Laffer Curve and virtual tax cut
Art Laffer posted an op-ed in the WSJ yesterday explaining that the deferring of taxes increases to Jan. 1, 2011, will cause companies to push profits into 2010, making 2010 appearing very good and making 2011 appear awful, perhaps even creating an economic collapse in 2011. Laffer may have missed a few twists.
One has to take Laffer seriously, and when I went on Kudlow's show last night to debate Laffer on his idea I had to think a lot about the premise. In general, I agree with Laffer's long standing concept called "The Laffer Curve" that essentially states at a tax rate of 0% and a tax rate of 100%, the government generates no revenues. At 0%, because they collect nothing. At 100%, because nobody has incentive to work. When taxes were cut in the early 80s, for instance, the economy boomed. The exact same thing is happening now, Laffer argues, but in reverse.
I made several points on the show last night, including one about The Virtual Tax Cut.
Right now, the surge in corporate profits we are seeing has not been created by tax cuts but by the enormous "tax cut" of high unemployment. Companies are making more goods than ever with less people. In other words, productivity is skyrocketing. This has the same effect as an enormous tax cut because corporations get to keep more of every dollar made. Interestingly, another curve develops: At 0% unemployment, corporations will make nothing because the labor market will be so tight that labor costs will reach to infinity, and at 100% unemployment, corporations will make nothing because nobody will be there. There's a point of equilibrium where the labor market begins to tighten but corporations still have sufficient profits. We aren't at that point, but still at a point where companies are making enormous profits without having to pay the full labor costs (maybe call this "The Altucher Curve")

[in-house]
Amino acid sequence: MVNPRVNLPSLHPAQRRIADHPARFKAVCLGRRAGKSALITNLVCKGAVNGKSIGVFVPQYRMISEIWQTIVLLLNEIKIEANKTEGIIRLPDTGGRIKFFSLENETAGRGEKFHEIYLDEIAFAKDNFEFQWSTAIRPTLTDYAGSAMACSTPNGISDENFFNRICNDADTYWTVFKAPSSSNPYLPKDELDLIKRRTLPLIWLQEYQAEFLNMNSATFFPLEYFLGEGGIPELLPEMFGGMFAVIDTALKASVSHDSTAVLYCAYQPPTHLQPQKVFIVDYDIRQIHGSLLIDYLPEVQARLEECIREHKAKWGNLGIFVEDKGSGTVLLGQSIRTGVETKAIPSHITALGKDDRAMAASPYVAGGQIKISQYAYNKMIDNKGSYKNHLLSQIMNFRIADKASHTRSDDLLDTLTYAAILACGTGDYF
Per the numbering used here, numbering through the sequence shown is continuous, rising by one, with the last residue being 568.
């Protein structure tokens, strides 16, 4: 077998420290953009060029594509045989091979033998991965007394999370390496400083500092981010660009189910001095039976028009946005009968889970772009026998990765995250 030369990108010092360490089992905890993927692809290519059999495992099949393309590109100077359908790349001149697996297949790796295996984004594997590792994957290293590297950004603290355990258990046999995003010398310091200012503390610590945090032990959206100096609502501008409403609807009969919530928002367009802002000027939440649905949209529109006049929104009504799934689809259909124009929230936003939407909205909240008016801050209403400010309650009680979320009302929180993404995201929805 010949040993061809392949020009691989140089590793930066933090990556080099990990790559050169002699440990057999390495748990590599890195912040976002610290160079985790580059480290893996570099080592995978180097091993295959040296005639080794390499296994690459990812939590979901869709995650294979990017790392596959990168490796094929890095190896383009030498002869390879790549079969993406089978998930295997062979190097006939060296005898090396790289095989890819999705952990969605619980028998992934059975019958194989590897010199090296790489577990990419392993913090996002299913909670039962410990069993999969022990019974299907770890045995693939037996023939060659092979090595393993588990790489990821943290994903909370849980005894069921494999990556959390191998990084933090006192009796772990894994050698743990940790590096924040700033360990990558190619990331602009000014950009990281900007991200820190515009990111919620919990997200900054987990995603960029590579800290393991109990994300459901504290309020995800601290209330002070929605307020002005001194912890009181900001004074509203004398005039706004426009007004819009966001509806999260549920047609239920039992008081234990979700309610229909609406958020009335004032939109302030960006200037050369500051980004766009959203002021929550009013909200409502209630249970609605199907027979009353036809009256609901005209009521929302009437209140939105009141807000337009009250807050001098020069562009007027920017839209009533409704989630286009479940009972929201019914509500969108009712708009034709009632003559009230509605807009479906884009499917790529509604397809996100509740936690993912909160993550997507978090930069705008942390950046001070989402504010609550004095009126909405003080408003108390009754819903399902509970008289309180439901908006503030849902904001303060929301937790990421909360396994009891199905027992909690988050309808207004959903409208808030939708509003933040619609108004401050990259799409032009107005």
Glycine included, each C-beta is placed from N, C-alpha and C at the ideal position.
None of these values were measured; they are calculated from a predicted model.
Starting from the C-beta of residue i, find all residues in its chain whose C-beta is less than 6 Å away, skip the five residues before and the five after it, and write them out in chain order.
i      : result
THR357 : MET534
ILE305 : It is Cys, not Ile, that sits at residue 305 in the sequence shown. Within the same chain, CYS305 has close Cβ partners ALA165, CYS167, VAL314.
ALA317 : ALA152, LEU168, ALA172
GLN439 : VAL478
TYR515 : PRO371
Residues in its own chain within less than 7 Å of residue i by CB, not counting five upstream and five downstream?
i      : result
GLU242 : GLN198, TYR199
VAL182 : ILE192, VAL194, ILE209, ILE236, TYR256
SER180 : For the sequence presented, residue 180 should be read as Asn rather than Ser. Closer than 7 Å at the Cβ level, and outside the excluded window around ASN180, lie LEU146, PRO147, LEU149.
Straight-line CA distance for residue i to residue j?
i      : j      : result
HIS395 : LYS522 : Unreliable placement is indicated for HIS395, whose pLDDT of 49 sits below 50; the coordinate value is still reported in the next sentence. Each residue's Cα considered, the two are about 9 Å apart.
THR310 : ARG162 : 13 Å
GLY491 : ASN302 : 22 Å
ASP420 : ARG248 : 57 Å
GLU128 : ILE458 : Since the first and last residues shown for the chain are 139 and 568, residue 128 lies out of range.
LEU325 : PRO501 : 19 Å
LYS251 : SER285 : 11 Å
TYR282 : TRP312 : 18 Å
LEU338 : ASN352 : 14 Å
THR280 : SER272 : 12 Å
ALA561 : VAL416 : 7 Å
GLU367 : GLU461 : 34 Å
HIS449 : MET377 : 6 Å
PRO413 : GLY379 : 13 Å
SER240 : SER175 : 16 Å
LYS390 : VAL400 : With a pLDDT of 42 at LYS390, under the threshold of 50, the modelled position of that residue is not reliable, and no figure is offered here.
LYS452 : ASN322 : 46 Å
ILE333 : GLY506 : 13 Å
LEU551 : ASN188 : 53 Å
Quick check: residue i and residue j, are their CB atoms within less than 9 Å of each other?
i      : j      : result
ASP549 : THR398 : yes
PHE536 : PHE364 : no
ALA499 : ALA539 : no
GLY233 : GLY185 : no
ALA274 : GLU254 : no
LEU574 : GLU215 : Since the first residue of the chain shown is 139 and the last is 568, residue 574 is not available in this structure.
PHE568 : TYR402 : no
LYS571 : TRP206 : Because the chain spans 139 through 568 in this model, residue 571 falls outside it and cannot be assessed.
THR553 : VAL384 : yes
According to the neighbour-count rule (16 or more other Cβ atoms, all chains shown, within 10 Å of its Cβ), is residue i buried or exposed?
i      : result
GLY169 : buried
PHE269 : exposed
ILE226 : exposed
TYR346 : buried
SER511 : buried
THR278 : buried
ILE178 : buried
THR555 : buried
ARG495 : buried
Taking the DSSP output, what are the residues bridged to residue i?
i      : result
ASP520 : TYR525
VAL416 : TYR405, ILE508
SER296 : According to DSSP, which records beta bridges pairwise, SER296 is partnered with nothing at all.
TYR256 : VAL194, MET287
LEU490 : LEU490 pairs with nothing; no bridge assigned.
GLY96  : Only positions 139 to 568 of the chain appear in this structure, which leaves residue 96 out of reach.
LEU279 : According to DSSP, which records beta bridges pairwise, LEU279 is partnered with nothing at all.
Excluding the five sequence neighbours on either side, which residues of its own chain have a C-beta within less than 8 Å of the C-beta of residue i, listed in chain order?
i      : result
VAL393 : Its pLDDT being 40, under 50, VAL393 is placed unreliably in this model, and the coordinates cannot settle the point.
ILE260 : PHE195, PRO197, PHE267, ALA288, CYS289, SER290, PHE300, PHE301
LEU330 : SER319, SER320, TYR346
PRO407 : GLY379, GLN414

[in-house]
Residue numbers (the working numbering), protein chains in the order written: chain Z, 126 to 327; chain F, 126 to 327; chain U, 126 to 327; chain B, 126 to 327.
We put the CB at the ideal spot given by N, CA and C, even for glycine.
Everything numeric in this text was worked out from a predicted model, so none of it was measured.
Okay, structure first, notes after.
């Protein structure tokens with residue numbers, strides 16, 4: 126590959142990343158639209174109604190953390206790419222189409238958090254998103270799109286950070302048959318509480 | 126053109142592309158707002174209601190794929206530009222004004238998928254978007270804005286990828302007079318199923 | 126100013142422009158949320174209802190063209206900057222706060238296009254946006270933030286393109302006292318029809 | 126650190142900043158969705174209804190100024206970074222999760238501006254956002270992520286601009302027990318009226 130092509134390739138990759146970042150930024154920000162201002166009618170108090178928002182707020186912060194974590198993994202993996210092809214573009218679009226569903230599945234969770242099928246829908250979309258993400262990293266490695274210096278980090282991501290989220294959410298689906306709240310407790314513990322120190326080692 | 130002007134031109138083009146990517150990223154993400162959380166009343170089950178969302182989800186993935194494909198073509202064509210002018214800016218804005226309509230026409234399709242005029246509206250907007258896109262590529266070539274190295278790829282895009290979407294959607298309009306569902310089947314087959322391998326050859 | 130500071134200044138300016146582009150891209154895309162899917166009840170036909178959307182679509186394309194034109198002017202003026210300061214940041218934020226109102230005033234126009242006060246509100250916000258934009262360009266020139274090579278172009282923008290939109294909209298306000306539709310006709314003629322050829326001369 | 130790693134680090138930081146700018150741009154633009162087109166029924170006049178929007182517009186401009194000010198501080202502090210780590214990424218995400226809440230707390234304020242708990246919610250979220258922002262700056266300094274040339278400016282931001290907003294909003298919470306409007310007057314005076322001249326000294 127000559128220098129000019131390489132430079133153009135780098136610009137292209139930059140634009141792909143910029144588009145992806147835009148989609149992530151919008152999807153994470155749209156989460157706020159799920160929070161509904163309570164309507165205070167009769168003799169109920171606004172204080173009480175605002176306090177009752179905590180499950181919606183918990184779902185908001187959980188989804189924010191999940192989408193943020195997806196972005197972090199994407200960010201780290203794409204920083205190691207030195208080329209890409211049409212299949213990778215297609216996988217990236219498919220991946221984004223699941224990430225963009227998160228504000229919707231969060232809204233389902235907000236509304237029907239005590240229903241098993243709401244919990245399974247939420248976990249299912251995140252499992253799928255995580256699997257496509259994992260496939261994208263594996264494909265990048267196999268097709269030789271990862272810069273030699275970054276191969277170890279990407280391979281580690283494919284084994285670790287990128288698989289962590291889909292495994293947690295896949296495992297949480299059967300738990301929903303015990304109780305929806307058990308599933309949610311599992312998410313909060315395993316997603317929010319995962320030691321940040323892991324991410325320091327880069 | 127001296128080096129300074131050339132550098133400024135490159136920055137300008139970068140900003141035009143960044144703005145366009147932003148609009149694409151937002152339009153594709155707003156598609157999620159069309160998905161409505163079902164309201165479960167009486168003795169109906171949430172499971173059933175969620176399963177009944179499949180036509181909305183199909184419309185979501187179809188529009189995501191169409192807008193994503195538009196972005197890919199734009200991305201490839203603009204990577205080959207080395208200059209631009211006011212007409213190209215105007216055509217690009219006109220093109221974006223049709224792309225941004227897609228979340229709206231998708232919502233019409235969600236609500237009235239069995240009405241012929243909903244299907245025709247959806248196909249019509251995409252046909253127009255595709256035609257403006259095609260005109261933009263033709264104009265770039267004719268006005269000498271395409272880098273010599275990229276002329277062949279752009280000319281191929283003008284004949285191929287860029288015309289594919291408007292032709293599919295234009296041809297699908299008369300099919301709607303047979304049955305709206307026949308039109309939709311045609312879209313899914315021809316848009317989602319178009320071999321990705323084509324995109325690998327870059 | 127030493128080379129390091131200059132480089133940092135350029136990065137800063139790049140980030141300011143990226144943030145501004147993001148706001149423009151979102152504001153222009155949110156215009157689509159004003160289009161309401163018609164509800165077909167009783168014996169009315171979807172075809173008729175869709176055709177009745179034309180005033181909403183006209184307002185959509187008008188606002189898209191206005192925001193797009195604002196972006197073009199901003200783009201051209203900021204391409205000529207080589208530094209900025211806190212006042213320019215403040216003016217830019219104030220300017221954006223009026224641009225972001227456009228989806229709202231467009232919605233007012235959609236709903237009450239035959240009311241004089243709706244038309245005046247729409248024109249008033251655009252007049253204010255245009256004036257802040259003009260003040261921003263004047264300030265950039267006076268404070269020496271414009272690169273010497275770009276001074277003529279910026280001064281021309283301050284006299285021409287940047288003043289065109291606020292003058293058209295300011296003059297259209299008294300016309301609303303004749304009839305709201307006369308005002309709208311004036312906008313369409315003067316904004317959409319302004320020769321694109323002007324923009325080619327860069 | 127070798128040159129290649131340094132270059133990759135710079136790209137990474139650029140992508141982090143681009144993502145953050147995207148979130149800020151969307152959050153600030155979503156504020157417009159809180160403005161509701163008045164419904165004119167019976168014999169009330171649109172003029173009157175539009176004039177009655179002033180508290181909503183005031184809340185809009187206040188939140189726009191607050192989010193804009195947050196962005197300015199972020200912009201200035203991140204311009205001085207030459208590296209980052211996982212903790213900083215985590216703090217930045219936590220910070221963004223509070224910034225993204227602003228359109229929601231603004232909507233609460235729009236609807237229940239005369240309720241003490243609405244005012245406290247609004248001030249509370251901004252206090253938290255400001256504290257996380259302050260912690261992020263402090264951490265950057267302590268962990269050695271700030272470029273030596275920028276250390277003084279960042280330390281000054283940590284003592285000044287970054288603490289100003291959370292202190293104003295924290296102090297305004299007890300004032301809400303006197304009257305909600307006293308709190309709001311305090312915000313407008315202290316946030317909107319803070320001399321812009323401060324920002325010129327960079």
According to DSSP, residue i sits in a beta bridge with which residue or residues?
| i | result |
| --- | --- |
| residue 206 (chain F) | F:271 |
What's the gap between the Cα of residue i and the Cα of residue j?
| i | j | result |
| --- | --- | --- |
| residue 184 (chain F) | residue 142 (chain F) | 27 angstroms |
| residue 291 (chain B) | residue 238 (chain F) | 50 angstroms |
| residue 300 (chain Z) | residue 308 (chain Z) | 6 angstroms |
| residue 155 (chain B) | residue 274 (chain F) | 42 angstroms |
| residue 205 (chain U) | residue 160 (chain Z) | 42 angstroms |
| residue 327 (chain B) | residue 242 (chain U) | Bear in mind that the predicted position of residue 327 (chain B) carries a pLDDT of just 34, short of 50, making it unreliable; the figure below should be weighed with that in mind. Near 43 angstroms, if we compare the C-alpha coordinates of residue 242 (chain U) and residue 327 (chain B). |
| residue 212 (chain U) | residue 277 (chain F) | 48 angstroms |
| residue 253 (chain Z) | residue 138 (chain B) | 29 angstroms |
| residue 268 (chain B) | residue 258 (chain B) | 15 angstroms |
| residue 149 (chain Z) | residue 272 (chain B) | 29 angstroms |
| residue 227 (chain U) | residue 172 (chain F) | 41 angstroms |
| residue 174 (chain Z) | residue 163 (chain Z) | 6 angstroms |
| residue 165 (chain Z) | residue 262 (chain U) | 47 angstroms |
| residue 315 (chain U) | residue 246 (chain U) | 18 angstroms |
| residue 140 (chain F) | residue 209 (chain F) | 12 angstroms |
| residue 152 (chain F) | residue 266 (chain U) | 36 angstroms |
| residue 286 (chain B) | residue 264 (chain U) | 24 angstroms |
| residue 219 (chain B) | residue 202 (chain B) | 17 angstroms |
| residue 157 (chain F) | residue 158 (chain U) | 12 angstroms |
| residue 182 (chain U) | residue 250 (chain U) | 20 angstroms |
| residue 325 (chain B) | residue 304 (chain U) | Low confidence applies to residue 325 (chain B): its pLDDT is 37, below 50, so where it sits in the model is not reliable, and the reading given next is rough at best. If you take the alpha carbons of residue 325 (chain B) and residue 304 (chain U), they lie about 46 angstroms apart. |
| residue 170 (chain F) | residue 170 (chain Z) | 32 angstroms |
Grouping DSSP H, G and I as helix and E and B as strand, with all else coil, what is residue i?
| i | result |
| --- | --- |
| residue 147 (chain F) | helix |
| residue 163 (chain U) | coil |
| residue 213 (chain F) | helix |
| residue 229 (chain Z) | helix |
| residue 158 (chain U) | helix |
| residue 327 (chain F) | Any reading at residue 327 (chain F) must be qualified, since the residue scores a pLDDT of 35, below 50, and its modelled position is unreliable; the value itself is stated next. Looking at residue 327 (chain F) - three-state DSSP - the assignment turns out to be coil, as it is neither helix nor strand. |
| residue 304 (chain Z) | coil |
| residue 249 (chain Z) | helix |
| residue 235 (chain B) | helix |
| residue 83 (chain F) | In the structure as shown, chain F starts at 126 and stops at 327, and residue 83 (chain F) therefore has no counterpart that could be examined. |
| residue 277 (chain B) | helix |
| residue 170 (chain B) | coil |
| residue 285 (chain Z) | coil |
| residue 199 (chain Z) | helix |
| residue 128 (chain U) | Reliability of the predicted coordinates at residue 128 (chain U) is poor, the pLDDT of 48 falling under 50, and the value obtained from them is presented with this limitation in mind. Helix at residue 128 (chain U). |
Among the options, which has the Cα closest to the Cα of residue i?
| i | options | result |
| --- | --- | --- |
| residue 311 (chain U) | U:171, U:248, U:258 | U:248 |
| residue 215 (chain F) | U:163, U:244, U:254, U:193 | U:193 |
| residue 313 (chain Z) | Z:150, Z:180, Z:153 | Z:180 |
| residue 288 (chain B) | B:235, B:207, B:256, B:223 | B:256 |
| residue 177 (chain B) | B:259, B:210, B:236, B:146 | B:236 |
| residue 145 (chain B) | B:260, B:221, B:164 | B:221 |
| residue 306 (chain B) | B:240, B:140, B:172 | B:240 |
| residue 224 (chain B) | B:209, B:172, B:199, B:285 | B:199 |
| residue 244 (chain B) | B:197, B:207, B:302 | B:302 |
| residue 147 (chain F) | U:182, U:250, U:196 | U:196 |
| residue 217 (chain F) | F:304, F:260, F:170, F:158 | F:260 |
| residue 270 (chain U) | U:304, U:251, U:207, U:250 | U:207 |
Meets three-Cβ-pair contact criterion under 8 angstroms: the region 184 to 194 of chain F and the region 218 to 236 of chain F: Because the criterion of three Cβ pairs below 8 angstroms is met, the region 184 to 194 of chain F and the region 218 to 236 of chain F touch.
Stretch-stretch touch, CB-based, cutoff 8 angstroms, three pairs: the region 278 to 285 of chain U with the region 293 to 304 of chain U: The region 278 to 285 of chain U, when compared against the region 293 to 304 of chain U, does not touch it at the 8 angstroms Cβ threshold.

Eventually companies have to hire more with their profits. The people they hire then become spending consumers, buying houses, cars, etc. This creates a cycle until equilibrium is reached at about 5% unemployment, where history has generally shown the employment levels to be at a point where there is neither inflation or deflation of wages.
Assuming that taxes go up as planned (and let's not forget there's an election in between), we are still only going to the level, give or take, where we were in the 90s. There was a nice boom then.
When will equilibrium of employment be reached? We are at roughly 10% unemployment now. My guess is we go down 1% per year. Giving us about 4-5 years before 5% unemployment is reached again. Until then we do not have to worry about the biggest cause of inflation, which is wage inflation.
Are higher taxes good? Of course not. They will certainly slow down the economy. But not enough to derail it.
Some companies, by the way, are doing massive hiring right now, according to career builder. They could be interesting buys in any recovery. They include Cardinal Health (CAH), with 500 openings. Charles Schwab (SCH) has 103 openings, Dollar General (DG) 150 openings and Geico, owned by Buffett's Berkshire Hathaway (BRKA), 200 openings.